I know we often talk about them, but the last couple of decades have taught me that there is no such thing as a cold interest. If someone shows an interest in what you have to say about Christ, it is because God has already been wrestling with him or her.
When Peter baptized 3,000 in a day, his audience was “devout men, from every nation under heaven” (Acts 2:5).1 They were already spiritually inclined. The Ethiopian eunuch? Already studying the book of Isaiah before Philip gave him a Bible study. Saul of Tarsus? Already had an encounter with Christ before Ananias showed up. Cornelius, the first Gentile convert? Already a “devout man” who gave of his possessions.
God always takes the initiative
Every time someone comes to Christ, you will discover that God was working with that person long before you came into the picture. God has already stirred the heart and made a person interested. Paul is pointed in his remarks: “But the natural man does not receive the things of the Spirit of God, for they are foolishness to him; nor can he know them, because they are spiritually discerned” (1 Cor. 2:14).
John Wesley would have spoken of this phenomenon in terms of prevenient grace. He developed an idea that some would consider the middle ground in the Calvinist-Arminian debate. God retains His sovereignty, making the first move in the sinner’s heart. He wakes up the conscience, making a person spiritually receptive—but the individual retains the ability to choose. He or she can respond or refuse. Wesley’s idea fits the biblical data: God arouses interest in a sinner’s mind, and then He sends in the preacher or teacher.
My personal testimony
This was also true for me. A direct path into the church was charted the moment the first Gulf War broke out in the early 1990s. For some reason, that event completely arrested my attention. Every evening, I was riveted to my television. I also heard the endless string of evangelical commentators speculating that the next development would likely be Russia joining the Arab nations and ushering in the battle of Armageddon.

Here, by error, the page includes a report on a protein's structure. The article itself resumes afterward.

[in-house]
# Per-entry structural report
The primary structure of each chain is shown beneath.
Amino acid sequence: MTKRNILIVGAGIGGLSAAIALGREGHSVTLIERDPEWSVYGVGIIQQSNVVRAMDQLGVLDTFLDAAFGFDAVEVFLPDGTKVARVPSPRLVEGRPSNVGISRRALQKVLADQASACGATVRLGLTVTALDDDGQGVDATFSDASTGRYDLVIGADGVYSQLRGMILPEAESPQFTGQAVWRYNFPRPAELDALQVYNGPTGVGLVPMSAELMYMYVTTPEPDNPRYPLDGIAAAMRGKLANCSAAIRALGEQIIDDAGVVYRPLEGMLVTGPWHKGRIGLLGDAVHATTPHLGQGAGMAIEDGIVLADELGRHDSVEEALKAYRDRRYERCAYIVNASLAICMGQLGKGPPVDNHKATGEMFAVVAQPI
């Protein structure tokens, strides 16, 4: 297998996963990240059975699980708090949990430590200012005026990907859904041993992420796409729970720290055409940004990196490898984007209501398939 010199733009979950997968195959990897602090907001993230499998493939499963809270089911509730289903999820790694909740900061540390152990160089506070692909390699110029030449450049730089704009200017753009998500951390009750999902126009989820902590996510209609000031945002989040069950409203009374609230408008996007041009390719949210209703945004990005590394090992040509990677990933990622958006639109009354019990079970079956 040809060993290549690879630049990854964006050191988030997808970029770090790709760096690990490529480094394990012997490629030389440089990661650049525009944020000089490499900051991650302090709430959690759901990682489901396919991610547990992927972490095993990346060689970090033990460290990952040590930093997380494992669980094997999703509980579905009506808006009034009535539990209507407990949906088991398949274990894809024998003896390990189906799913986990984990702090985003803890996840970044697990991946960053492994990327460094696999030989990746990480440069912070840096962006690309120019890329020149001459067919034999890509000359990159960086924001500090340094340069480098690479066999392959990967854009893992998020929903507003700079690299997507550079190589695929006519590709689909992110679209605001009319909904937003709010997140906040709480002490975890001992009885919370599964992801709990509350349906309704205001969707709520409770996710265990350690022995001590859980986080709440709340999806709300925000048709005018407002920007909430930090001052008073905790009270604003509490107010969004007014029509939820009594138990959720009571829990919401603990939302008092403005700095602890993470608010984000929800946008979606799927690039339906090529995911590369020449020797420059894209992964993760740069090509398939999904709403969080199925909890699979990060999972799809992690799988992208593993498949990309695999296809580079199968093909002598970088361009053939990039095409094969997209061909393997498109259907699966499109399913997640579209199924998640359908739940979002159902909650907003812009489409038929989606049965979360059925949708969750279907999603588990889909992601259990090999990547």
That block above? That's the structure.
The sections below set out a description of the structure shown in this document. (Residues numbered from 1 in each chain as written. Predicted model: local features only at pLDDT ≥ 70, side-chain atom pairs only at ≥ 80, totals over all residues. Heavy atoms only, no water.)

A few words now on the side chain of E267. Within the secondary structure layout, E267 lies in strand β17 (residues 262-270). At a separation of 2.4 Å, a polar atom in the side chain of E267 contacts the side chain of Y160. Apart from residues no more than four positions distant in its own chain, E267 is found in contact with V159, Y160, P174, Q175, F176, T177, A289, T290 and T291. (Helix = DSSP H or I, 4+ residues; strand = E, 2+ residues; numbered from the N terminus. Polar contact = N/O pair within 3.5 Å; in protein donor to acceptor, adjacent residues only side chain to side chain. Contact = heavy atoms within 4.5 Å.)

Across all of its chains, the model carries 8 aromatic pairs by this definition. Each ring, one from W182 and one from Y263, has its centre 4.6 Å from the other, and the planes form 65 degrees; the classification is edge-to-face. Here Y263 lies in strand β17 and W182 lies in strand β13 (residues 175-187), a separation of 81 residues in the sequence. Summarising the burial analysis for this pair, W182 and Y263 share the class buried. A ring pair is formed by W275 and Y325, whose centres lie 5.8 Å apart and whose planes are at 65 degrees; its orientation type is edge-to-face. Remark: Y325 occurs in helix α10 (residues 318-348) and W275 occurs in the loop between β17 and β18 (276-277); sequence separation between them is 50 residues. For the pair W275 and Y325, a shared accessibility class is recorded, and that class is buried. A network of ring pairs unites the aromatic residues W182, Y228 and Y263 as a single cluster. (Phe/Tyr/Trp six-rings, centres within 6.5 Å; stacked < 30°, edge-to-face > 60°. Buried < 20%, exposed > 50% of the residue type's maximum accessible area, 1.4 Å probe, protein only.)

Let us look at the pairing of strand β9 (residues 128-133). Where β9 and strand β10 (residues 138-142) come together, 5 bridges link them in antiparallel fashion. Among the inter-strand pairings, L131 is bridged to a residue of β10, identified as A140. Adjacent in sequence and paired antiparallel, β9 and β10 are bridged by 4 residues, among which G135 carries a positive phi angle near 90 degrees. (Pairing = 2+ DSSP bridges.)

It was irresistible, because when I was younger, I had read The Late, Great Planet Earth. Much of what Hal Lindsey was saying did not make sense. But then the war started years later; and for a moment I found myself wondering, Was he right? Some of what was happening in Iraq seemed to square with the predictions of the dispensationalist preachers: the world at war in the Middle East, threats against the nation of Israel, the rumors that Saddam Hussein considered himself a modernday Nebuchadnezzar with plans to rebuild the city of Babylon.
But where did my strong, sudden interest come from? I had read through the book of Revelation as a child, but my upbringing did not offer much in the way of prophetic study or interpretation. The churches I had attended treated the book of Revelation as a mysterious appendage to what would be considered the more serious portions of Scripture. We never heard a sermon from Revelation.
So, why was I suddenly obsessed with the idea that the world might be ending? Why was this so dramatically irresistible? It seems strange to write, but in a peculiar way, Hal Lindsey may have actually helped me into the Seventh-day Adventist Church. In spite his book’s obvious flaws, his writing proved to be a catalyst. He imparted a sense of urgency to his readers. He gave his audience a distinct sense that it is no longer business as usual on planet Earth, and in that regard, he was right.
In hindsight, I can easily identify many other factors that contributed to my arrival at the doors of a Seventh-day Adventist church. Some were subtle; others dramatic—even miraculous. An Unseen Hand carefully choreographed my journey to the baptistry, all without violating my freedom of choice.
The pastors and evangelists were simply the final contact before the decision. God did absolutely everything else. I have met tens of thousands of new Adventists over the last couple of decades, and they all tell the same story: it happened over years, and God did it.
Current interest in end-time events
I have discovered that few things arrest public attention like the Second Coming and other apocalyptic themes. It flies in the face of conventional church board wisdom, which has been increasingly telling us that we need a new approach to the public, one without beasts or atom bombs. And every so often, I have experimented with trying to attract the public with other themes. But nothing has drawn a crowd like the end of the world.
For a number of years now, I have been putting a simple card in the mail, inviting people to take Bible studies. Some have raised their eyebrows when they see what I have printed on the card: Interested in Bible Prophecy? “Tell me you’re not going to put that in the mail! In this day and age? This is the postmodern, secular world!”
There is no way I could make a truly secular person interested in spiritual matters. But I also understand that right now, at this very moment, God is busy in every community, waking people up.